May 18, 2008

John Arrowsmith (1602–1659) on God's Common Favor

1. A second branch of God's goodness is grace, which relates to unworthiness, as the former did to misery. God is merciful to the ill-deserving, gracious to the undeserving. So far are we from being able to merit so much as the crumbs which fall from his table, that even temporal favours are all from grace. Noah was preserved in the deluge. Why? because "he found grace in the eyes of the Lord." Jacob was enriched and had enough. How came it to pass? "because God, said he to Esau, hath dealt graciously with me." But beside that common favour in which all share more or less, there is a more special grace, which the Psalmist prayeth for, "remember me, O Lord, with the favour that thou bearest unto thy people: O visit me with thy salvation.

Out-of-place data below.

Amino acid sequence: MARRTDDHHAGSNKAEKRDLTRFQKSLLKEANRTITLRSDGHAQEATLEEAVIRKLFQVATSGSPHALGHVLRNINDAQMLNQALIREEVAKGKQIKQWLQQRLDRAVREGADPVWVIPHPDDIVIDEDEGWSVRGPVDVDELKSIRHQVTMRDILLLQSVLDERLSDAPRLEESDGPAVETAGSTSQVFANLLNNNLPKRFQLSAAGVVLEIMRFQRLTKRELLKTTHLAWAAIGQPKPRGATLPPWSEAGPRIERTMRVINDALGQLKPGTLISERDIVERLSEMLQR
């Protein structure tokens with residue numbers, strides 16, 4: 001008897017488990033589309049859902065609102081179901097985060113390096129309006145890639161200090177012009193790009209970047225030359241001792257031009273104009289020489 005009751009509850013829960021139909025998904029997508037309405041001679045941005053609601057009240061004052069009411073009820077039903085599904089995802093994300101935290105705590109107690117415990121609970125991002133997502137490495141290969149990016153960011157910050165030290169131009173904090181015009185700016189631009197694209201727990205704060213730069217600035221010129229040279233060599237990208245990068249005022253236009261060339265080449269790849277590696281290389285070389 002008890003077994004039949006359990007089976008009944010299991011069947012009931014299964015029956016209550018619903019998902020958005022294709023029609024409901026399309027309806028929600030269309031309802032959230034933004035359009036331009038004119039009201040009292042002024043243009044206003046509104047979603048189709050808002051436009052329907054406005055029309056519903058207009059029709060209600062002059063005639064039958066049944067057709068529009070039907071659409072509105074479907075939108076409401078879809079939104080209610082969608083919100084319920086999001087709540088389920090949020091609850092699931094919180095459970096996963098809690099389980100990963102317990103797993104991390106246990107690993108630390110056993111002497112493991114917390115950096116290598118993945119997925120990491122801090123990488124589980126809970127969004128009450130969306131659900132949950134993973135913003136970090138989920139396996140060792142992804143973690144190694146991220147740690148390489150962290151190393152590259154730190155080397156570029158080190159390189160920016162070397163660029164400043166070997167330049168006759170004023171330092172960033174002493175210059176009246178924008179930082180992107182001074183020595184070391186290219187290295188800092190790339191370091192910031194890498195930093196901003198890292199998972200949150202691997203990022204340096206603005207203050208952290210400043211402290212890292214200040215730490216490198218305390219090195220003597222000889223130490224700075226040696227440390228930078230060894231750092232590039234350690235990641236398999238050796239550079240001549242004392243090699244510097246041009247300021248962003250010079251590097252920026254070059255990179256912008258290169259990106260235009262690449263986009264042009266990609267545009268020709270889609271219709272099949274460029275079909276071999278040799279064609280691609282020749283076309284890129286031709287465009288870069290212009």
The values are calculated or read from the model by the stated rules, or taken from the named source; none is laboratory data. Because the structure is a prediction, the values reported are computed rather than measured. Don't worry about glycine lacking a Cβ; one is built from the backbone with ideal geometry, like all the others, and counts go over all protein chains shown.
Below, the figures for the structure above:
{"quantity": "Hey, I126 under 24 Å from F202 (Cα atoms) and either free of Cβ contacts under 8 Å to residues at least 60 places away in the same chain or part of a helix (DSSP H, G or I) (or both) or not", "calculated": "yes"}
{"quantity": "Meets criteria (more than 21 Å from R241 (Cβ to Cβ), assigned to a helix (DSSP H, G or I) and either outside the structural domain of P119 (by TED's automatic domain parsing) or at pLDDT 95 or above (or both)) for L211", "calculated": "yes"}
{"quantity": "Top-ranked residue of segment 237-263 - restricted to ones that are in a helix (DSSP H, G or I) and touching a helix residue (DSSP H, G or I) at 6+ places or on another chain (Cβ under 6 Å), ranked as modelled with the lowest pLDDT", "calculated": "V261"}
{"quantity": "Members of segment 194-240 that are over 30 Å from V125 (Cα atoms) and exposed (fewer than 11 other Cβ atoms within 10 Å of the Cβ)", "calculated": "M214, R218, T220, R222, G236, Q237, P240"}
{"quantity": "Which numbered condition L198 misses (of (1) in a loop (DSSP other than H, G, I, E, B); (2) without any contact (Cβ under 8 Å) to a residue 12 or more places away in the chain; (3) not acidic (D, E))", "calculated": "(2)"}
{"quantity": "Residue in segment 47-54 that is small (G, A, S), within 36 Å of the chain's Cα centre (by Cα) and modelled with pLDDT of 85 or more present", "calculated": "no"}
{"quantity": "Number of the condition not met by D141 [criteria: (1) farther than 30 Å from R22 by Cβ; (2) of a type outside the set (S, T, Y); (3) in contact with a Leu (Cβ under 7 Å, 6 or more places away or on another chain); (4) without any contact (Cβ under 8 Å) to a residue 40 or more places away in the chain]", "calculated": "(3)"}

John Arrowsmith, Armilla Catechetica: A Chain of Principles; or, An Orderly Concatenation of Theological Principles and Excercitations, Wherein the Chief Heads of Christian Religion are Asserted and Improved (Edinburgh: Thomas Turnbull, 1822), 126.

1) He associates grace with God's goodness, favor and mercy.
2) He says that all share in this favor (or common grace as distinct from "special grace") more or less.

 A brief account of his life can also be read HERE.

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